Flow cytometry analysis

To determine the effects of Cur-NLC on apoptosis, HepG2 cells apoptosis were quantified using an annexin V-fluorescein isothiocyanate/propidium iodide (PI) apoptosis detection kit (Biosea, Beijing, China) that detects phosphatidylserine exposed on the outer surface of the cell membrane. HepG2 cells (5 × 10 6 cells per well) were seeded into six-well plates and incubated until 80% confluency. Cells were treated with various concentrations of Cur-NLC or native curcumin. As controls, cells were also incubated with complete growth culture medium only. After 48 h incubation, cells were harvested by quick trypsinization to minimize potentially high annexin V background levels in adherent cells, washed twice with cold PBS. After centrifugation at 1000 rpm, the supernatant was removed, and the cells were stained with annexin V-fluorescein isothiocyanate and PI. The cells were incubated at room temperature for 15 min in the dark. Cellular events were enumerated and the number of apoptotic cells was assayed with flow cytometry (Becton Dickinson, CA, CT, USA). Cells staining negative for both annexin V and PI are viable. Cells that are annexin V+/PI− are in early apoptosis, whereas cells that are necrotic or in late apoptosis are annexin V+/PI+.

Cell uptake of curcumin-loaded nanostructured lipid carriers by fluorescence method

Curcumin and Cur-NLC are fluorescent in the visible green-yellow spectrum naturally. To visualize the cellular uptake of Cur-NLC, HepG2 cells were seeded in 24 well plates at a concentration of 2 × 10 5 at 37°C, 5% CO 2 for 24 h. Cells were treated with 30 mg/L Cur-NLC and free curcumin. As curcumin is with poor aqueous solubility, native curcumin was dissolved with DMSO. The final concentration of DMSO in the culture medium was 0.1% at the most. The nanoformulation of Cur-NLC has the advantage of enhanced solubility and, therefore, can be used directly without any organic solvent. After culturing in a 37°C, 5% CO 2 incubator for 2 and 4 h, respectively, the culture medium from each well was removed and the cells were washed with PBS 3 times to remove the unswallowed Cur-NLC and native curcumin in the medium. Cells were observed under a fluorescent microscope (Olympus IX70, Japan) at 488 nm for intracellular Cur-NLC and native curcumin fluorescence.

Measurement of vascular endothelial growth factor

To study the effect of Cur-NLC on cytokines level in HepG2 cells, the cells were seeded into 96-well plates at a density of 1 × 10 6 cells/well with 4 mL of RPMI-1640 medium supplemented with 10% FBS. The cells were divided into 10 groups: Control cells, HepG2 cells, respectively treated with empty nanoparticle, native curcumin, and Cur-NLC at a concentration of three gradients according to IC 50 values. After 48 h, the supernatant was collected. 200 μL of supernatant were added to each well. The level of secreted VEGF under different experimental conditions was determined with conditioned culture media using ELISA kits, according to the manufacturer's instructions. The experiment was performed in triplicate. The optical density of each well was immediately determined at 450 nm using a microplate reader (BioTek Elx × 800 microplate reader, Winooski, VT, USA).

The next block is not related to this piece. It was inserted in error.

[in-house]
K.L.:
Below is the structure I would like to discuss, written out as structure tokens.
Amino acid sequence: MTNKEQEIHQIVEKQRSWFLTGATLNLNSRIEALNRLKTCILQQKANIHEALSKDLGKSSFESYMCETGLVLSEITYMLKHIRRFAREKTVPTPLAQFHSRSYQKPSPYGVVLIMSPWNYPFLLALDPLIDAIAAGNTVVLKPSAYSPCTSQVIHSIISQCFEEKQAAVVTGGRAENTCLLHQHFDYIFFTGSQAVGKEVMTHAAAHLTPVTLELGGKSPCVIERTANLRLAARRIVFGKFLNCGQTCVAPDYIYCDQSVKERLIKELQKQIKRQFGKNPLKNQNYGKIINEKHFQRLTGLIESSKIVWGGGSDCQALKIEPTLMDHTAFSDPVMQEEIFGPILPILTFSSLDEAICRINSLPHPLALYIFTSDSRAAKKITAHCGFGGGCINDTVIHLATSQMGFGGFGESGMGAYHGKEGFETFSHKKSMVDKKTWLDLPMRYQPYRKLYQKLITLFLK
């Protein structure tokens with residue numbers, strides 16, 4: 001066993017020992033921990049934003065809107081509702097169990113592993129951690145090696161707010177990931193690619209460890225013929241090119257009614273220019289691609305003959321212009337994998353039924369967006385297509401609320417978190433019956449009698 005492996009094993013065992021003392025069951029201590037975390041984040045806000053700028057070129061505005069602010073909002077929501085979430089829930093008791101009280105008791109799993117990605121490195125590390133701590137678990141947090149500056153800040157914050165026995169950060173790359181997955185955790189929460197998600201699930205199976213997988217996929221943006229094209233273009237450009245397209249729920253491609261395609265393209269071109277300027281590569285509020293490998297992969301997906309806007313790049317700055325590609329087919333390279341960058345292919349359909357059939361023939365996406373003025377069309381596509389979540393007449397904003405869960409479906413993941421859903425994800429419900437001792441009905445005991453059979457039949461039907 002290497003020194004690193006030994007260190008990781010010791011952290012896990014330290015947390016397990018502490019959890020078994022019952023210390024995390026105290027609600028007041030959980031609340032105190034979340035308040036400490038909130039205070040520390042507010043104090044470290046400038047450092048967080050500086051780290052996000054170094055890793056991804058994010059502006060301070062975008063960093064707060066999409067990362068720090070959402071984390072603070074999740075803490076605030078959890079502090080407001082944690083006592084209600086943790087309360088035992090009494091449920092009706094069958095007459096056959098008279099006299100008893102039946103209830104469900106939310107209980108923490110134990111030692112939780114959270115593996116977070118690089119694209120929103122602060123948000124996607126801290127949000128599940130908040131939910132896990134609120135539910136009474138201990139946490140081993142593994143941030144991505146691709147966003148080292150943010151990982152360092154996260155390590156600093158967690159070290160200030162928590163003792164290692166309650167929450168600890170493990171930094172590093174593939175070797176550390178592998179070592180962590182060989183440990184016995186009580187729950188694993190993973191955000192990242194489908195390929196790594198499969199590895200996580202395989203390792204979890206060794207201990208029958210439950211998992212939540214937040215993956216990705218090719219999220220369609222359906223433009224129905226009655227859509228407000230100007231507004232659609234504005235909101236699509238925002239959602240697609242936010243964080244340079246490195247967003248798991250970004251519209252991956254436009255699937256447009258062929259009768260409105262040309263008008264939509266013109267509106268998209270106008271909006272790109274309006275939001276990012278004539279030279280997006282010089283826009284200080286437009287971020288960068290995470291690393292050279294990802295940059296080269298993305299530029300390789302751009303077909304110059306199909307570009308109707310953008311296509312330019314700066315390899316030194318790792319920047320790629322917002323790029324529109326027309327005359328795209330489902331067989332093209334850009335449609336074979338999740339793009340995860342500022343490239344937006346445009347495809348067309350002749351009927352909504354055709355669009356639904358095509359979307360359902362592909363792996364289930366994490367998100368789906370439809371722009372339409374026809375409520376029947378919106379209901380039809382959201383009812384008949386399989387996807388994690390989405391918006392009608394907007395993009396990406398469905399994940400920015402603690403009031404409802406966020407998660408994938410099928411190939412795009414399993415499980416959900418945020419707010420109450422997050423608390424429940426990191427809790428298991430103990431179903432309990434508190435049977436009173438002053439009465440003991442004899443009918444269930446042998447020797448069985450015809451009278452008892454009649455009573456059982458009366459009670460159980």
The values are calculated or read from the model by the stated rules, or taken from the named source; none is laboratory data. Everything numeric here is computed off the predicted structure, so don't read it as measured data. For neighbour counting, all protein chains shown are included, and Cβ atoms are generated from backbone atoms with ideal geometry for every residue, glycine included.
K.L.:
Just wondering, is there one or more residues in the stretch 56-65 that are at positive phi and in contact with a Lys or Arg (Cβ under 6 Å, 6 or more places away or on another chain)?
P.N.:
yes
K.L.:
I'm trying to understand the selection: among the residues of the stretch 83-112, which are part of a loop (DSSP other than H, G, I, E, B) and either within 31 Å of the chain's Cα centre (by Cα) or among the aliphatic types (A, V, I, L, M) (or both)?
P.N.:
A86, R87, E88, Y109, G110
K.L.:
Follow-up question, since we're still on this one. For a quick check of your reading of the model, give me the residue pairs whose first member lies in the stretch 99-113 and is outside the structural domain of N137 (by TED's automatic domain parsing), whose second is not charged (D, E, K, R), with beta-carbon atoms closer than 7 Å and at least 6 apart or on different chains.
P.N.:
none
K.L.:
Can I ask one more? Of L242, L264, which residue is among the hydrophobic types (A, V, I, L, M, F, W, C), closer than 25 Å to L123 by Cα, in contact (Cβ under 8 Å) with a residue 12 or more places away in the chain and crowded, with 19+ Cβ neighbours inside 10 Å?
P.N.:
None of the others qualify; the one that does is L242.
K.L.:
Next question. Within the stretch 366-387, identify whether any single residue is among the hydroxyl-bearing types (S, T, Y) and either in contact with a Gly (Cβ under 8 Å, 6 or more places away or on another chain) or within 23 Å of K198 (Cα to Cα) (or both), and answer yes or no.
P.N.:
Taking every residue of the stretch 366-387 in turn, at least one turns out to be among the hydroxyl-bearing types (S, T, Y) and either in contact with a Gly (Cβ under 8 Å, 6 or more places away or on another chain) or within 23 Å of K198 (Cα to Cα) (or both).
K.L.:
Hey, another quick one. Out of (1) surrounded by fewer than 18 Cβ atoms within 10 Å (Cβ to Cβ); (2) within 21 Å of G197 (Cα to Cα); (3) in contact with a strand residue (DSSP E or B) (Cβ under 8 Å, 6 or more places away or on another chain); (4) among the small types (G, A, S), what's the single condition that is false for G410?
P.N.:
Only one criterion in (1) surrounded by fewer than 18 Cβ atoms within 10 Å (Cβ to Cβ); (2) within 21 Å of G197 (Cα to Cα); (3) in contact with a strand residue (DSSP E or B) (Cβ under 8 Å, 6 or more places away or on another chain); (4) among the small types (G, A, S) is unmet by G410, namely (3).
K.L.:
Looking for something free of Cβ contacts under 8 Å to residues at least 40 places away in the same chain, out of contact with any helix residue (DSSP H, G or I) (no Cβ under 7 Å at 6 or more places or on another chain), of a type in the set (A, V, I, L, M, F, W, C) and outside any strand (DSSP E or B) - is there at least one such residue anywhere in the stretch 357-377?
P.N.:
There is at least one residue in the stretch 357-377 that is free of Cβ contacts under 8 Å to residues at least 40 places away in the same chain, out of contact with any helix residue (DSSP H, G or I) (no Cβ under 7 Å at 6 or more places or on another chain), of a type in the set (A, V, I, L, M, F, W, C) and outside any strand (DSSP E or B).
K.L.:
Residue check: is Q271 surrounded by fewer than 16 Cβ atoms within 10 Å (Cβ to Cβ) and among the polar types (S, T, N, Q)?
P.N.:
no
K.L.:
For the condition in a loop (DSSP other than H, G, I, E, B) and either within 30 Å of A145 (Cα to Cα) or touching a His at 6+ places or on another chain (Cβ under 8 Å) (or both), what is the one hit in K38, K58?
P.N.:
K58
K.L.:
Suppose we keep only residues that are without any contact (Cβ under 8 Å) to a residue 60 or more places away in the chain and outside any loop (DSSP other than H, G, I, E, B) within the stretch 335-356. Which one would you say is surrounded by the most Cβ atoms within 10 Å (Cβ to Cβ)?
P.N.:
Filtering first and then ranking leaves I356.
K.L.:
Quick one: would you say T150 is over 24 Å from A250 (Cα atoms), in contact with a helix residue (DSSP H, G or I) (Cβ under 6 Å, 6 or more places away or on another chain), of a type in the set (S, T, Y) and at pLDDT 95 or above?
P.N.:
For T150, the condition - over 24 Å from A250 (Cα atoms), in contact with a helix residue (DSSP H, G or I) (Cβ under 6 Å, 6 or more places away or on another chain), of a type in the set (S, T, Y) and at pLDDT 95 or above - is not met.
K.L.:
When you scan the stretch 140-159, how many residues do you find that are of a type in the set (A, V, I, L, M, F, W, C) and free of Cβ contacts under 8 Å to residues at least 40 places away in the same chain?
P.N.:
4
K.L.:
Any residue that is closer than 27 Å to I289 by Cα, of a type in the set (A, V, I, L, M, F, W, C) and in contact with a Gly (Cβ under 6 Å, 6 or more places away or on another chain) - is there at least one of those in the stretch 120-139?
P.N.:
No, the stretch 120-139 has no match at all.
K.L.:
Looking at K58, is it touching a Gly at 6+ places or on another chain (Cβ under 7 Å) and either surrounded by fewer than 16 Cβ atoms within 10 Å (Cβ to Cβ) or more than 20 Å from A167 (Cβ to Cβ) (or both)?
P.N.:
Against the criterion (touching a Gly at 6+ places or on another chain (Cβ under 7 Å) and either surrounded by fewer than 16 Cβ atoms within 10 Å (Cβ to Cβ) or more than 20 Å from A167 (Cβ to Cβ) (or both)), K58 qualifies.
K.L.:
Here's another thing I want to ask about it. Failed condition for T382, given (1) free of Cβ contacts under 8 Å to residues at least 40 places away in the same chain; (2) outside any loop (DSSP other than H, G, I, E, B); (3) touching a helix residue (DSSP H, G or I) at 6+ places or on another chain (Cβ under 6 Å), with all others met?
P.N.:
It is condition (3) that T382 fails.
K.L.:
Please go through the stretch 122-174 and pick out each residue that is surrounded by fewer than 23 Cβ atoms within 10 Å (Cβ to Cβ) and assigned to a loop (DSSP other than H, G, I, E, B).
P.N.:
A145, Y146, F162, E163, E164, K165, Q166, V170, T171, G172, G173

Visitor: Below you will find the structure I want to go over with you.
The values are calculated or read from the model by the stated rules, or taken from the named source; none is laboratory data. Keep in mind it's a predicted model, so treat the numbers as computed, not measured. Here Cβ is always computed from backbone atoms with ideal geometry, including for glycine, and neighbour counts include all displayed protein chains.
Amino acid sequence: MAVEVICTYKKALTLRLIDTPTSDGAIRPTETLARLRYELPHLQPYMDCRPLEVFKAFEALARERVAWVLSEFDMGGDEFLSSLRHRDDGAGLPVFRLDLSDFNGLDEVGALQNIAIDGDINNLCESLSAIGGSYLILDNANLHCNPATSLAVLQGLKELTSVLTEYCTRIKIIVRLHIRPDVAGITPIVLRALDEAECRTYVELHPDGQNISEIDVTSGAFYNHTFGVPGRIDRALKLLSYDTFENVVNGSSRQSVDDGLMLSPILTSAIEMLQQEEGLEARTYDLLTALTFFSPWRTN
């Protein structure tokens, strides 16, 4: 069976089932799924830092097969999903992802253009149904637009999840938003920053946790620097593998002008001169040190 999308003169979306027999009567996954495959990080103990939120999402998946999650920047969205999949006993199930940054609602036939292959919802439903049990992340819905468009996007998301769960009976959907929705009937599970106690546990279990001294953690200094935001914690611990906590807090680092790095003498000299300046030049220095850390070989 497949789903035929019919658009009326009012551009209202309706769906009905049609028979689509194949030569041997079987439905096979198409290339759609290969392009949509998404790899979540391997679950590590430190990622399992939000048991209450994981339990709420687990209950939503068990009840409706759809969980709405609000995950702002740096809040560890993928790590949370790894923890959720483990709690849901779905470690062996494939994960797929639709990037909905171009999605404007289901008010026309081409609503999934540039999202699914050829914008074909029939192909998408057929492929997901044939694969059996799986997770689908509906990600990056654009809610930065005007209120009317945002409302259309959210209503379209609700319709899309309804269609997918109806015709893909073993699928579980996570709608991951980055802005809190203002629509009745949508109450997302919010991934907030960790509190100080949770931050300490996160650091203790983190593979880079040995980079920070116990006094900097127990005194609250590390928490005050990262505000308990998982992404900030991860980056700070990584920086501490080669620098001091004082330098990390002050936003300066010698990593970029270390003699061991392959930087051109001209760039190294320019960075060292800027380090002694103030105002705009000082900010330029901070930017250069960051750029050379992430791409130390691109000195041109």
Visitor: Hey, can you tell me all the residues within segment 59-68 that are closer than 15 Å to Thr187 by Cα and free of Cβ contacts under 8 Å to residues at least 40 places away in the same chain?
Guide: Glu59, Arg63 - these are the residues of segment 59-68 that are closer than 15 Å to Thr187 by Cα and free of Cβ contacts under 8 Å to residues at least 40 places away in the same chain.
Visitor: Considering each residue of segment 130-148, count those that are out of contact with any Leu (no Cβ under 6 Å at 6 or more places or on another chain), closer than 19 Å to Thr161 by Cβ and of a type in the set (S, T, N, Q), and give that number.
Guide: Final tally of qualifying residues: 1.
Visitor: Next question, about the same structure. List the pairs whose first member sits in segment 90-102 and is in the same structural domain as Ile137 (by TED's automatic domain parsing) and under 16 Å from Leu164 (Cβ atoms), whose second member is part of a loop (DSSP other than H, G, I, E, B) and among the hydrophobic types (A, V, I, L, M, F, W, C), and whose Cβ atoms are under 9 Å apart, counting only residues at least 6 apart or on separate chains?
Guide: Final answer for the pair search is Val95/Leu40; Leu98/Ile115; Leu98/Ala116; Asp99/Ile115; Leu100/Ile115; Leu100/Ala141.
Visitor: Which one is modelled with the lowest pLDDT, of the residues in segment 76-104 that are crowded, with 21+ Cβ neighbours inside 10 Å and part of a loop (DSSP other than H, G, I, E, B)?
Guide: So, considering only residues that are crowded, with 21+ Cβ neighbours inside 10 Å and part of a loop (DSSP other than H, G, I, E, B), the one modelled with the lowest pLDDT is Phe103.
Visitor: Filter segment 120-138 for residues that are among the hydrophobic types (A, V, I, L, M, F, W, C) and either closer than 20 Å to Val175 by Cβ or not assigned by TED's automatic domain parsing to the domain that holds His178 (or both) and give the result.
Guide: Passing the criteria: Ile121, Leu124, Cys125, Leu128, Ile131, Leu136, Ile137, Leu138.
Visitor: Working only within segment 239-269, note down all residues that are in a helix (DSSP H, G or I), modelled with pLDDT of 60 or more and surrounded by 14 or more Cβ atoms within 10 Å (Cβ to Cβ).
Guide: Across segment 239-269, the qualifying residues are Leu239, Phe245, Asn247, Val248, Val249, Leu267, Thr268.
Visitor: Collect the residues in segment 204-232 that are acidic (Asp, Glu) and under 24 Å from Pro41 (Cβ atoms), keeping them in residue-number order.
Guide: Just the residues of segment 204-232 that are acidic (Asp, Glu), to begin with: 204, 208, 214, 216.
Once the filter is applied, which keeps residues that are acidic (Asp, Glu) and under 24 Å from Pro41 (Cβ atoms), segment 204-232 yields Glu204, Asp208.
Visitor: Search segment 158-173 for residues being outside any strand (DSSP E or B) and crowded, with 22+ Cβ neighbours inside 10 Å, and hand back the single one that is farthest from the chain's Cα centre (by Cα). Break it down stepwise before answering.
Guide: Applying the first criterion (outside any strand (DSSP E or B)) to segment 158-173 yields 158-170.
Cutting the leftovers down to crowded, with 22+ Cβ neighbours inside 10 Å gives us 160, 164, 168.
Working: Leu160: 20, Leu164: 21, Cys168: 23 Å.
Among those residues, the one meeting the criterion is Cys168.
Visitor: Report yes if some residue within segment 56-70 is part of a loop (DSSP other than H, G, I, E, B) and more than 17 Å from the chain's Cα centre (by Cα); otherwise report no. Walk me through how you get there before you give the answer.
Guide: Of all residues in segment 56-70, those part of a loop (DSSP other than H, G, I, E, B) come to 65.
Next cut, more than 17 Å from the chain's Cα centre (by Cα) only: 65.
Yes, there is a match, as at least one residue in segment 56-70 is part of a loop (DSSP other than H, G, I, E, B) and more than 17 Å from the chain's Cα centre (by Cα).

Western blotting

HepG2 cells were treated with Cur-NLC at various concentrations. Cells were lysed in RIPA lysis buffer (50 mM tris [hydroxymethyl] aminomethane-HCl, pH 7.4, 10 mM phenylmethylsulfonyl fluoride, 150 mM NaCl, 0.1% sodium dodecyl sulfate [SDS], 1% sodium deoxycholate, 1% Triton X-100, 1 mM ethylenediamine tetraacetic acid [EDTA]) for 25-35 min on ice. Protein concentration was assayed using Lowry Protein Assay. A protein sample was mixed with the 5× sample buffer (4:1) and boiled in water for 15 min at 100°C. The proteins were resolved by SDS-PAGE, and then electroblotted at 4°C transferred onto a polyvinylidene difluoride membrane by electroblotting in transfer buffer (25 Mm Tris base, 192 mM glycine, and 20% methanol). The membranes were blocked with 5% nonfat dry milk dissolved in 0.05% Tween 20-PBS for 2 h at room temperature, membranes were incubated with the mouse anti-VEGFRs with gentle agitation overnight at 4°C. Next day, the membranes were washed 3 times with 0.05% Tween 20-PBS and incubated with secondary antibody at room temperature for 2 h. Immunodetection was carried out using enhanced chemiluminescence reagent (Pierce, Rockford, Illinois, USA), according to the manufacturer's instructions. Equivalent protein's loading and transfer efficiency was checked by staining for β-actin. All the experiments reported in this study were performed 3 times, and the results were reproducible. Autoradiographs were scanned using Image Quant LAS 4000 mini (GE Healthcare Bio-Sciences AB, Uppsala, Sweden) and quantified using the Image Analysis Software.